Tonight, we are doing the tourist thing and staying in a yurt. The decent ones are made out of layers of felt, supported by wooden beams. Some of them, however, are plastic covered with steel poles. The locals call these Chinese yurts. There are several yurt camps set along the little stream that tumbles through the gorge. Naturally, ours is the most fleabitten. Tonight all seven of us are crammed into one tent, so I'm not going to escape the snoring. At least we have beds this time.

The snoring was considerably diminished last night. Possibly because no alcohol was consumed at last night's yurt feast of cabbage and potato with microscopic chunks of meat. Fat marmots posture and then scurry back to their burrows, as we head back down the gorge. I'm sitting up front next to the driver. There are a few perks associated with being a The Spare Part. His name is Reynard and he has the usual gold teeth (until recently these were regarded as a sign of wealth). He is driving with one bare foot and one foot in shoe and sock. I'm sure there is a good reason. I have accused him of aspiring to be English, as he spends most of his time driving on the wrong (left hand side) of the road and listening to bad eighties music, like Village People. He thinks I'm being funny.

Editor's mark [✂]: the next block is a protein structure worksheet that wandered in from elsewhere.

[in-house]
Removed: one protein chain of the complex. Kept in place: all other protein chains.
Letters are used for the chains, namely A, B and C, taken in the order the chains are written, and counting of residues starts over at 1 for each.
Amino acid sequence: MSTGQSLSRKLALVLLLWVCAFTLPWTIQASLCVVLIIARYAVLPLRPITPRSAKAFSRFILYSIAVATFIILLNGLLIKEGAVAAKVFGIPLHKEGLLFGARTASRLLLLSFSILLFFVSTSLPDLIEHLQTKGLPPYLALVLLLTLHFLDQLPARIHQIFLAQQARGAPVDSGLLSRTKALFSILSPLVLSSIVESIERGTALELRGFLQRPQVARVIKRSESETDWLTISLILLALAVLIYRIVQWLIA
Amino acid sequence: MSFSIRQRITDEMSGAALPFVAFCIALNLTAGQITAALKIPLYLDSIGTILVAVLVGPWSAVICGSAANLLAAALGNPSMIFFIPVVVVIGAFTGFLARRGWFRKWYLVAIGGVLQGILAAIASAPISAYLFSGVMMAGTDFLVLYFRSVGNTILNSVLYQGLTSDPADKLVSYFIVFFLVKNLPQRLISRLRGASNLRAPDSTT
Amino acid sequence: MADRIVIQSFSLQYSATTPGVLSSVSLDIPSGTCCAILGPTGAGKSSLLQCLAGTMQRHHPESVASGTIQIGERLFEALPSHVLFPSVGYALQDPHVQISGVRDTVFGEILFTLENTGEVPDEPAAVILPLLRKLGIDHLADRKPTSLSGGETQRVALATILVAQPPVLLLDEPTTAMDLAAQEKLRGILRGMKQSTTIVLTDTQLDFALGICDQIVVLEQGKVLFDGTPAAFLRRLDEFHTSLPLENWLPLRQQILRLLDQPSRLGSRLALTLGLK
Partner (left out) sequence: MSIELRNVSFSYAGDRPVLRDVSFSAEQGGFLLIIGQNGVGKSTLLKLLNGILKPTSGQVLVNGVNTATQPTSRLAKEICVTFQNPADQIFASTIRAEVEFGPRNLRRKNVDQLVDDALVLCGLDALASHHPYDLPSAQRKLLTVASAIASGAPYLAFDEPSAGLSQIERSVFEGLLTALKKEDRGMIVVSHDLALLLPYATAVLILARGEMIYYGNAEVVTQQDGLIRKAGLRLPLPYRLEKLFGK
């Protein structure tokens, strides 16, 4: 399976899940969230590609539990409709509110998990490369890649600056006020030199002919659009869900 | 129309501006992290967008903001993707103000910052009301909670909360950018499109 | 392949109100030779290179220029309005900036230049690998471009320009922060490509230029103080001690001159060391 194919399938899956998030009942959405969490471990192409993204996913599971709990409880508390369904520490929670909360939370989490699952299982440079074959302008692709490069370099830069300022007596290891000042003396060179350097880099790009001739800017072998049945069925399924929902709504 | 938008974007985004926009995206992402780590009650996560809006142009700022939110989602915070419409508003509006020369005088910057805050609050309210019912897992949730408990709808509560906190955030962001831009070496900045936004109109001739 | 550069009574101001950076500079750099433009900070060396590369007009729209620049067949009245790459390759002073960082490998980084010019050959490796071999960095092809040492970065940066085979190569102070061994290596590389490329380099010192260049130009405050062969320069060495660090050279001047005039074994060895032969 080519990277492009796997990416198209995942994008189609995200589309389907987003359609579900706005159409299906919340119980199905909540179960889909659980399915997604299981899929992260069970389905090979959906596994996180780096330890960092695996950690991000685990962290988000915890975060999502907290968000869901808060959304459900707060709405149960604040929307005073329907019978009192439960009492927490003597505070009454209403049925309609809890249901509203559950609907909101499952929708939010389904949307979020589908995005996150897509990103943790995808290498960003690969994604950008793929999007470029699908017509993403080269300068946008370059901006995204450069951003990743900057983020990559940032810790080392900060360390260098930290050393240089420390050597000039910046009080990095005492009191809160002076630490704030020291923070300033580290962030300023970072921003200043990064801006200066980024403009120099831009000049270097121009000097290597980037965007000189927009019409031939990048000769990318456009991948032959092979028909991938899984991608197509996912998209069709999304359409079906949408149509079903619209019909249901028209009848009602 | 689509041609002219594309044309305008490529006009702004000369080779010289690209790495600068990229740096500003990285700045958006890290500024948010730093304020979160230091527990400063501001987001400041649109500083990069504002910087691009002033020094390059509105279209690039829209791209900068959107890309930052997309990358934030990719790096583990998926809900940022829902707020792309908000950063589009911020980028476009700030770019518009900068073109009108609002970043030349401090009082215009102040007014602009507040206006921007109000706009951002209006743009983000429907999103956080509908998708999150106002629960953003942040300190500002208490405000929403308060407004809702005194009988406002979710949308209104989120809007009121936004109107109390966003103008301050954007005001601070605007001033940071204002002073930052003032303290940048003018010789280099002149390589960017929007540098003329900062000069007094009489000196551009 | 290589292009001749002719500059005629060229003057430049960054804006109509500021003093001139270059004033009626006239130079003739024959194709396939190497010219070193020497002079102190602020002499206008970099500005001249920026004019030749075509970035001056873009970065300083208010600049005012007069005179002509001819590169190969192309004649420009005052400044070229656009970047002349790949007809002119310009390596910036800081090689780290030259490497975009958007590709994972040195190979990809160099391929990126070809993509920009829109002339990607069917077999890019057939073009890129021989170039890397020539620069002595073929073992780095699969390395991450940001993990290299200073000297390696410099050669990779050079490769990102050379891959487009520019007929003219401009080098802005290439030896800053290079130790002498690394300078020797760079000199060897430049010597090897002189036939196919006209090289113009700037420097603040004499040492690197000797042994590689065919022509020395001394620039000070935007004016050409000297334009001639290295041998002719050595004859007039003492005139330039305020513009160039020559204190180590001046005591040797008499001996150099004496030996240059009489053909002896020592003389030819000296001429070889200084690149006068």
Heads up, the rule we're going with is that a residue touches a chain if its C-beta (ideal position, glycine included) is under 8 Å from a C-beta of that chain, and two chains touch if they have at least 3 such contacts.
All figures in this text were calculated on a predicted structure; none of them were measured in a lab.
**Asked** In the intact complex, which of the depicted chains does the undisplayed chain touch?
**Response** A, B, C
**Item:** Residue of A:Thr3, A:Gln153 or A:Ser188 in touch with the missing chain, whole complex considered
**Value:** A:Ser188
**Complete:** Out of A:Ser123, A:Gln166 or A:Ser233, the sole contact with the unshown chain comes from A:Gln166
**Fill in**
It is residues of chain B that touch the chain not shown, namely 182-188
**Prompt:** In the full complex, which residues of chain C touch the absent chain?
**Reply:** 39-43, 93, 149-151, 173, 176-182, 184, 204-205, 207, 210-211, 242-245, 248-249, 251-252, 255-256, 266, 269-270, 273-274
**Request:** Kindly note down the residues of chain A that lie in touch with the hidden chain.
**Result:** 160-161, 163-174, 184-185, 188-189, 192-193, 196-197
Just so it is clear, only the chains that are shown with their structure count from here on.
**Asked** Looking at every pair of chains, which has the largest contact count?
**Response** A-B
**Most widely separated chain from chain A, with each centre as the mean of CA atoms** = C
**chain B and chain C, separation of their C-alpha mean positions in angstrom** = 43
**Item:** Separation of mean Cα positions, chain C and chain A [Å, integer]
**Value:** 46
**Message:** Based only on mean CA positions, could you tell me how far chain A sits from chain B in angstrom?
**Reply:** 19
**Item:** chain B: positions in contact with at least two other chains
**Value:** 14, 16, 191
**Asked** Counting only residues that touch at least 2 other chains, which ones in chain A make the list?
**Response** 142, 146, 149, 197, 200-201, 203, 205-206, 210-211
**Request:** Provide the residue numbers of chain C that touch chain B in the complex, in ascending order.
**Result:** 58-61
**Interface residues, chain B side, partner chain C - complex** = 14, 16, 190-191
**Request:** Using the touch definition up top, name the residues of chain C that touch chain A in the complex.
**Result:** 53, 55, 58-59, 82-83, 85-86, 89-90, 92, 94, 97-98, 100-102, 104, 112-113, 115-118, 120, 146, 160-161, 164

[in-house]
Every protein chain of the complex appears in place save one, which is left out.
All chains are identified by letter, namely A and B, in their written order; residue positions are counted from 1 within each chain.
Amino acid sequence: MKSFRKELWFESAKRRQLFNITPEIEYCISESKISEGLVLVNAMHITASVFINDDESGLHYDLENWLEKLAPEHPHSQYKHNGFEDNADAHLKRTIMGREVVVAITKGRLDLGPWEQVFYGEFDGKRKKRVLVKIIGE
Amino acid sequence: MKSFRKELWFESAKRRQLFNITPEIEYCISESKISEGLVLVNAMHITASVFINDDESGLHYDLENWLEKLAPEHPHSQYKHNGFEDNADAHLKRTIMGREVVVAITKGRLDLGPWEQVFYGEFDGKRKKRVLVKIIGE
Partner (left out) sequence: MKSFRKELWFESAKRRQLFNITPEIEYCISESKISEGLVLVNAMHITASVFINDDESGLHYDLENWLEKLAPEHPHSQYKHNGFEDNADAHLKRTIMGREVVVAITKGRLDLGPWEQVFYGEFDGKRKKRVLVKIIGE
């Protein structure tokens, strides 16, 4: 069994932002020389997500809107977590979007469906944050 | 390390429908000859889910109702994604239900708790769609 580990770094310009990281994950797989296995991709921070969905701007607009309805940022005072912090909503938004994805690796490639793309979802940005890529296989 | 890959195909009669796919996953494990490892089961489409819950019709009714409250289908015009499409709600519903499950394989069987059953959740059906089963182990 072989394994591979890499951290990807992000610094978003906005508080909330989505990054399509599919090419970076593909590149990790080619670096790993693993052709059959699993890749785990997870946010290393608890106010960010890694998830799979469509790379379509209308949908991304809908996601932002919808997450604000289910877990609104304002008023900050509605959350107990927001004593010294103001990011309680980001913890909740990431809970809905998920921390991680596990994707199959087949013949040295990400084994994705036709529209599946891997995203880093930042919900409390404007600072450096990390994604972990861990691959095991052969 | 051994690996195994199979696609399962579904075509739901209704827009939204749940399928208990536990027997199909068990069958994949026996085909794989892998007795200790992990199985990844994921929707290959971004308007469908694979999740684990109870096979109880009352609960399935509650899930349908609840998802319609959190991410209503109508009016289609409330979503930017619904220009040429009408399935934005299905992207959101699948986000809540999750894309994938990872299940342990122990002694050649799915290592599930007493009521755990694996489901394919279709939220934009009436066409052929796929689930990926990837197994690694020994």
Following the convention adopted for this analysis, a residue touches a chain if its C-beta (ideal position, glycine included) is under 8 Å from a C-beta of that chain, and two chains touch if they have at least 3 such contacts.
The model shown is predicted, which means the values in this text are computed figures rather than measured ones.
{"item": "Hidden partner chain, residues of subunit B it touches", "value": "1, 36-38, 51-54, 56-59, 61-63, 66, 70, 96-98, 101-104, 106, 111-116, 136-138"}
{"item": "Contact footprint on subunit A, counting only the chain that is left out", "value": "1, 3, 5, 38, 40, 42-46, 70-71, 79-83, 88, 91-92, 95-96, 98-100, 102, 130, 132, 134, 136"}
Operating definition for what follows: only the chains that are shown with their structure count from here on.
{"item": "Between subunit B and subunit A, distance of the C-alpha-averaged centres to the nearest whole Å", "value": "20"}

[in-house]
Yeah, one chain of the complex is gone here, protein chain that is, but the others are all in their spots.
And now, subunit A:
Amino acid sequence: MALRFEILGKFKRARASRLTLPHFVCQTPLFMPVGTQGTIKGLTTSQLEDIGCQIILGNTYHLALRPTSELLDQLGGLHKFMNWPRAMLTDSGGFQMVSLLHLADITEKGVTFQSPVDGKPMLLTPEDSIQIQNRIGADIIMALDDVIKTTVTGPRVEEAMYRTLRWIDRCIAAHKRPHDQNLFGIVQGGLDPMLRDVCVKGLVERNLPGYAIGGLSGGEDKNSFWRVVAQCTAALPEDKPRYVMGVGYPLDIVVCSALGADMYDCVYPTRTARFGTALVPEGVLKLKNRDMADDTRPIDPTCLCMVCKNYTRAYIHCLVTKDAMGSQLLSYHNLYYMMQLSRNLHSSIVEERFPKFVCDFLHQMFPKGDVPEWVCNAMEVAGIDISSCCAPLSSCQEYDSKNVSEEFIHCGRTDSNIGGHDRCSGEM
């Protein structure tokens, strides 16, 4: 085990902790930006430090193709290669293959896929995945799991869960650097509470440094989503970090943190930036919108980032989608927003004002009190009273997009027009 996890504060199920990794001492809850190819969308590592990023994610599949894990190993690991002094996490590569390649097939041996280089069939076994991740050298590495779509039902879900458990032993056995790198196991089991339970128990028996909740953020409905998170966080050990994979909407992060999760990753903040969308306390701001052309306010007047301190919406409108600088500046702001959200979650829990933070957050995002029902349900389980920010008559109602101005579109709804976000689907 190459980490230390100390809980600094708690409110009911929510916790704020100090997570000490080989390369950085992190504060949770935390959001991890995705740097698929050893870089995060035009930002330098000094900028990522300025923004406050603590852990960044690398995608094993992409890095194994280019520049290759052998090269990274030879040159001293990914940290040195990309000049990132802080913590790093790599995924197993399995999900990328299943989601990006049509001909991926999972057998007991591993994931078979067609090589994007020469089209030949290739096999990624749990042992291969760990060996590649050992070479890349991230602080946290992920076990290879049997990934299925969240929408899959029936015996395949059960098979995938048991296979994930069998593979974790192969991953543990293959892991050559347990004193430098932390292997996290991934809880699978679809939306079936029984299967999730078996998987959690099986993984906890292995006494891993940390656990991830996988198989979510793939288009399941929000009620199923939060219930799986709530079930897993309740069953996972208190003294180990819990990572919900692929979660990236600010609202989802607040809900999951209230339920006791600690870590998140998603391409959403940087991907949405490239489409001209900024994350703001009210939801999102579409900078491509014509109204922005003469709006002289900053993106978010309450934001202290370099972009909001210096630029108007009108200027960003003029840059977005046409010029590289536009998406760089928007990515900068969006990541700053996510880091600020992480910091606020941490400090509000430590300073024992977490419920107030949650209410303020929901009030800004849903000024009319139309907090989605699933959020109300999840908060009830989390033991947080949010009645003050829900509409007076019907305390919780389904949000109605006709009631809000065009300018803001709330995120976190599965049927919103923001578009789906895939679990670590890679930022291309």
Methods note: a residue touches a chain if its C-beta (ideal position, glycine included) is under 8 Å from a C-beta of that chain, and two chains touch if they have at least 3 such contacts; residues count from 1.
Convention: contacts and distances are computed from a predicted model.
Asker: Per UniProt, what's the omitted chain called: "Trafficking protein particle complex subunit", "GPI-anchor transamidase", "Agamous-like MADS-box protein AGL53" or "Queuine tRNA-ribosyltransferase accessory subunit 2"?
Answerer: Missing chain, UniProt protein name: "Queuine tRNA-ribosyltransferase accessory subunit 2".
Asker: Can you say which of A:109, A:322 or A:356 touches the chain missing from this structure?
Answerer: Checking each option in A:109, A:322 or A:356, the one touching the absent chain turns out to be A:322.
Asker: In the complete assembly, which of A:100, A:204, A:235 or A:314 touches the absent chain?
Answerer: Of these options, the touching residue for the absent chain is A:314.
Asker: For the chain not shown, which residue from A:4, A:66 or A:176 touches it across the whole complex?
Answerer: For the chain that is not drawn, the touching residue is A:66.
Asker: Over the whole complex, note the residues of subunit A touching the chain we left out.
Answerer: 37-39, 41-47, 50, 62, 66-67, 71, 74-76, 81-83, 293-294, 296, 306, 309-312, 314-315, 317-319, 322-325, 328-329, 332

On the Road, in Kyrgyzstan

There is very little traffic (fortunately) on our route through more wide valleys and high passes. For most of the way the road surface is very poor. No-one has done much to the highways since Kyrgyzstan left the Soviet Union and the old Russian roads have disintegrated badly. The Chinese have begun to reconstruct the roads on this side of the country too, but there is little tar-macadam in evidence yet, just plenty of piled up rocks, some concrete piping and a swarm of bulldozers. As with much of Central Asia, any car is a potential taxi. You just have to get the price right.

And, the scenery is still magnificent. The mountains vary between rolling brown and green, herds of goats and horses roam (it's still foaling season) and there are snow tipped peaks visible still for most of the time. The roadside stalls here are touting apricots and the trees in the orchards are laden with the fruit.

Issyk Kul

Kyrzgstan is landlocked and mountainous so there is no seaside. Right? Our destination today is Issyk Kul (Warm Lake). It's also known as Karakol and is the second highest lake in the world, after Titicaca, (there are nearly 2000 lakes here.) The sandy beach here is thronged with sunbathers, bright umbrellas and bouncy castles, not to mention donkey and camel rides. The water is heaving with intrepid swimmers (at 17 degrees I wouldn't exactly describe it as warm, but the lake is so named because it never freezes, because of hot springs in the depths) . A row of white capped mountains form the scenic backdrop. Around the lake, the apricot stalls are supplemented with racks of smoked fish.